WASHINGTON — In the ratings battle between the dueling presidential town halls, former vice president Joe Biden beat President Donald Trump, according to Nielsen numbers released Friday.
Coming just two and a half weeks before the election, Trump on Thursday night participated in a televised town hall on NBC at the same time Biden had one on ABC.
Biden's event drew 14.1 million viewers, and Trump's attracted 13.5 million in the same hour, Nielsen ratings released Friday afternoon said.
Nielsen’s preliminary estimates Friday morning showed that 12.2 million people watched Biden on ABC, while 10.4 million watched Trump on NBC stations.
The president's program also aired across MSNBC and CNBC. The numbers released Friday morning didn't include cable viewers who watched Trump's event as it aired simultaneously on the two other channels.
It had been expected that Trump would get more viewers because it was simulcast. But the mostly liberal audience that usually tunes in to MSNBC wasn't enthusiastic about watching.
NBC had received sharp criticism for scheduling its event at the same time as Biden. It was supposed to have been the night of the second debate, but the independent commission canceled it after Trump balked at doing a virtual debate.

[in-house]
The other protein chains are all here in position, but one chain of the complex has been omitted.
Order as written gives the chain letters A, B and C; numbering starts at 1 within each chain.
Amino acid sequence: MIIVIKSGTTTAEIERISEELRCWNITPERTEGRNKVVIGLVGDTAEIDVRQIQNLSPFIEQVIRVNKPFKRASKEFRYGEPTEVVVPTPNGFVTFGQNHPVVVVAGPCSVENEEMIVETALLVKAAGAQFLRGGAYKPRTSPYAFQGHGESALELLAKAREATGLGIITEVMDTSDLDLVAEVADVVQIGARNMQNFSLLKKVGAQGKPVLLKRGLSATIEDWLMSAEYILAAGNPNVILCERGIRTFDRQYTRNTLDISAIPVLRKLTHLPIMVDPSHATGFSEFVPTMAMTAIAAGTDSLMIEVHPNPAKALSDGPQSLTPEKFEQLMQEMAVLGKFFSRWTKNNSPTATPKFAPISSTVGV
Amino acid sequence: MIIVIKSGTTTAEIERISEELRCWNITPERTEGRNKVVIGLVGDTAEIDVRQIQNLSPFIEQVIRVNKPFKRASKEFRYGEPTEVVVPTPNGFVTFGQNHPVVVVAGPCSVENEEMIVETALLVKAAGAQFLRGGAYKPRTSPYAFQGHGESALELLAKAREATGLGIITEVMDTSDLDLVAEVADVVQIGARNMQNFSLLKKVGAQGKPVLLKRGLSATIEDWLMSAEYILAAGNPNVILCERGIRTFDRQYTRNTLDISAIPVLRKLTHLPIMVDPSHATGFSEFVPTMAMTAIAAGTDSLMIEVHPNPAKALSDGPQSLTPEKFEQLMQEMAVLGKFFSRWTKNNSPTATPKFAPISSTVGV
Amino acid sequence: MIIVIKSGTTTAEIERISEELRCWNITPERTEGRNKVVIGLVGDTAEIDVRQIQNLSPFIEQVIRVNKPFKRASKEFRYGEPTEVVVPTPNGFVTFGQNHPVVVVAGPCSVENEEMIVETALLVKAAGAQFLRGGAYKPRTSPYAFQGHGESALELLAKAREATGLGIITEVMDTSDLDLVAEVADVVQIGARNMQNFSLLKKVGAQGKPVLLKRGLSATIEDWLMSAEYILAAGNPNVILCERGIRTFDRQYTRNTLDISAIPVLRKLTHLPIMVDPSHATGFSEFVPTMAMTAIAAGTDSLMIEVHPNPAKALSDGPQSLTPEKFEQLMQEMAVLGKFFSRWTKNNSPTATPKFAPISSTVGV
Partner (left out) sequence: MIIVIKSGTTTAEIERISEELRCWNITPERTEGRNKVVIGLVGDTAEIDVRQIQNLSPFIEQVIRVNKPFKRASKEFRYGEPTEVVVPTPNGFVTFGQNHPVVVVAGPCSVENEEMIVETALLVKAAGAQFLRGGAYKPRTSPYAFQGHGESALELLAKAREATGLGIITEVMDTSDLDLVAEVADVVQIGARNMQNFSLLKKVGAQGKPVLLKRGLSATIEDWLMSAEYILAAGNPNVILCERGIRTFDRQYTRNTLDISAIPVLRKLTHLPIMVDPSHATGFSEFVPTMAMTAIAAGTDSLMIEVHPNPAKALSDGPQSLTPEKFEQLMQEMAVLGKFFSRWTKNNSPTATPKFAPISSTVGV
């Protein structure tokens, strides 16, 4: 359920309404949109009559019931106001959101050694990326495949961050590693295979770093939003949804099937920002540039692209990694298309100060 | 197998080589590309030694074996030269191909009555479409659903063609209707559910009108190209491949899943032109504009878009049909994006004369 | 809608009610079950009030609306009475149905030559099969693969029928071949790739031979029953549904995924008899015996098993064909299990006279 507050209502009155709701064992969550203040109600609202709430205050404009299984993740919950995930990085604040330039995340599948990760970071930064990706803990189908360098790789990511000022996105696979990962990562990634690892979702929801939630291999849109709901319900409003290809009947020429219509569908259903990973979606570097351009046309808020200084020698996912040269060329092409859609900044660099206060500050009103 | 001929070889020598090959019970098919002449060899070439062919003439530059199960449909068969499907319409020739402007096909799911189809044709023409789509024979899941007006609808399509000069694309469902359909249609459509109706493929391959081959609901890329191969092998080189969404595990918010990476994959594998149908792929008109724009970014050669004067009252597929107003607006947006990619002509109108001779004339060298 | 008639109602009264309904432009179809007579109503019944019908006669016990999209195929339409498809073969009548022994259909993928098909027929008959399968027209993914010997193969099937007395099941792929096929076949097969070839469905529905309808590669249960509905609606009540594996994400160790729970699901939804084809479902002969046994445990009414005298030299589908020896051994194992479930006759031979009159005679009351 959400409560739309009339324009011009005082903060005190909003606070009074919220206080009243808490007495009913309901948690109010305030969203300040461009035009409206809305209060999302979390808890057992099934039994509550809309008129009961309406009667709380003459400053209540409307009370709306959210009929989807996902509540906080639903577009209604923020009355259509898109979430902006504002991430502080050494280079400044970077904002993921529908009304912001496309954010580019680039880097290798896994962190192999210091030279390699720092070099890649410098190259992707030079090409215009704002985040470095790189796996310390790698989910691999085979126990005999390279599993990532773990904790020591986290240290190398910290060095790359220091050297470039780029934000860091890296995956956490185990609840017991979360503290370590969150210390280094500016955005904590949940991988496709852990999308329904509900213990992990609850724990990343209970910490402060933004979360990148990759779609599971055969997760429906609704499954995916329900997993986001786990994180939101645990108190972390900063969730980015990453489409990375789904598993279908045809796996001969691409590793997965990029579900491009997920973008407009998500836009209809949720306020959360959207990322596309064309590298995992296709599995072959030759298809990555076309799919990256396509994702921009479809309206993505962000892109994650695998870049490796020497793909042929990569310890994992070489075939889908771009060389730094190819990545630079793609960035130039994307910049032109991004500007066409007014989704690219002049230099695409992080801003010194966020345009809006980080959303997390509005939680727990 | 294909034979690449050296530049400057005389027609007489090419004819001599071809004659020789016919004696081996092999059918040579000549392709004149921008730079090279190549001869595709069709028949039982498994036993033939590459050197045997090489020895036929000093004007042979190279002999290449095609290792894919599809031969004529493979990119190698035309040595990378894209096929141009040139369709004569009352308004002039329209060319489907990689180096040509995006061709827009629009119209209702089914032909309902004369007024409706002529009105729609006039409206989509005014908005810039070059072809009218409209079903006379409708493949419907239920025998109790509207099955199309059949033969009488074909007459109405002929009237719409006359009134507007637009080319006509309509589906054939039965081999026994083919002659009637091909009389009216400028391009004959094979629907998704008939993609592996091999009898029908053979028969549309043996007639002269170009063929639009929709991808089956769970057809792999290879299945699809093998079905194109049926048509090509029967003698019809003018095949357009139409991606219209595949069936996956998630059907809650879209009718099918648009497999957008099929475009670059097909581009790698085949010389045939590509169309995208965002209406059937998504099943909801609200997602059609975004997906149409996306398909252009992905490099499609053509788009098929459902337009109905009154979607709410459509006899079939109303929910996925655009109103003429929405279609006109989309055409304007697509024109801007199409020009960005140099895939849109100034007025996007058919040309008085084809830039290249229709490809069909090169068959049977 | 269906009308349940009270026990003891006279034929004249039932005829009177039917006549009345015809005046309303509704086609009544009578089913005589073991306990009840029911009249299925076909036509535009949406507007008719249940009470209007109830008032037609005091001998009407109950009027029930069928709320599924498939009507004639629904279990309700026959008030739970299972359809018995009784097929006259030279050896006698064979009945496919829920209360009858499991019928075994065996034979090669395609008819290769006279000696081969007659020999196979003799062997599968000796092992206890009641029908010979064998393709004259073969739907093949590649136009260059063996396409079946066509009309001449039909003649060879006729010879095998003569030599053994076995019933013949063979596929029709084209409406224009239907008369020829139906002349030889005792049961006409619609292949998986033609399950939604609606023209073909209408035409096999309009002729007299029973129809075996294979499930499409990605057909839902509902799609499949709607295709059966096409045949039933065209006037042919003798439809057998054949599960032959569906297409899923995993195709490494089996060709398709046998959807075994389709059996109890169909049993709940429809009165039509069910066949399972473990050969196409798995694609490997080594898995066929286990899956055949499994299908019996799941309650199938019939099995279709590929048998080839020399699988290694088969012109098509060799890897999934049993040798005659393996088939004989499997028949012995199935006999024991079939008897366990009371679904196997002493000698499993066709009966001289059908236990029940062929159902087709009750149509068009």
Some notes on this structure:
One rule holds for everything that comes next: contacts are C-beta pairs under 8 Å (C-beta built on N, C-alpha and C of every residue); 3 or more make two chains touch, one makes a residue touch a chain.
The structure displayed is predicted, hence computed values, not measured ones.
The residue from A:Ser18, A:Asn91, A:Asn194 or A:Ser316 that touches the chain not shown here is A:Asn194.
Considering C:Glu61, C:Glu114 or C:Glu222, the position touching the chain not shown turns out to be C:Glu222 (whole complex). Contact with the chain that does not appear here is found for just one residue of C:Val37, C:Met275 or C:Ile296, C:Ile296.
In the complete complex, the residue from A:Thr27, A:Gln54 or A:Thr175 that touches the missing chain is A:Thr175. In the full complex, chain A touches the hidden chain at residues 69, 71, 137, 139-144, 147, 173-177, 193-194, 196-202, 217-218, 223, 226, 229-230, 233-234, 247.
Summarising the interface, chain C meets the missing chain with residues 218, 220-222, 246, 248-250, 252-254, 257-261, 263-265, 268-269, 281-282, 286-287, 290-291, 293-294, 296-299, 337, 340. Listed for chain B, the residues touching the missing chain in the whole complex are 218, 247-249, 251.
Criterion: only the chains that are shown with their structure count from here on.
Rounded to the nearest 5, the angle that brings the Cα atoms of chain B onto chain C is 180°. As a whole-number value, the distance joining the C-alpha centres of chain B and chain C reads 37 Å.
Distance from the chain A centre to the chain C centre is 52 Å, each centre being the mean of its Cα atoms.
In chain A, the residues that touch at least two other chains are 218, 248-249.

Trump and Biden were supposed to spend Thursday night on the same debate stage in Miami. But that faceoff was scuttled after Trump’s coronavirus infection, which jolted the race and threatened the health of the American president.
Trump wouldn’t say whether he had tested negative on the day of his first debate with Biden on Sept. 29, allowing only, “Possibly I did, possibly I didn’t.” Debate rules required that each candidate, using the honor system, had tested negative prior to the Cleveland event, but Trump spoke in circles when asked when he last tested negative.
The town halls offered a different format for the two candidates to present themselves to voters, after the pair held a chaotic and combative first debate late last month. The difference in the men’s tone was immediate and striking.
The Associated Press contributed.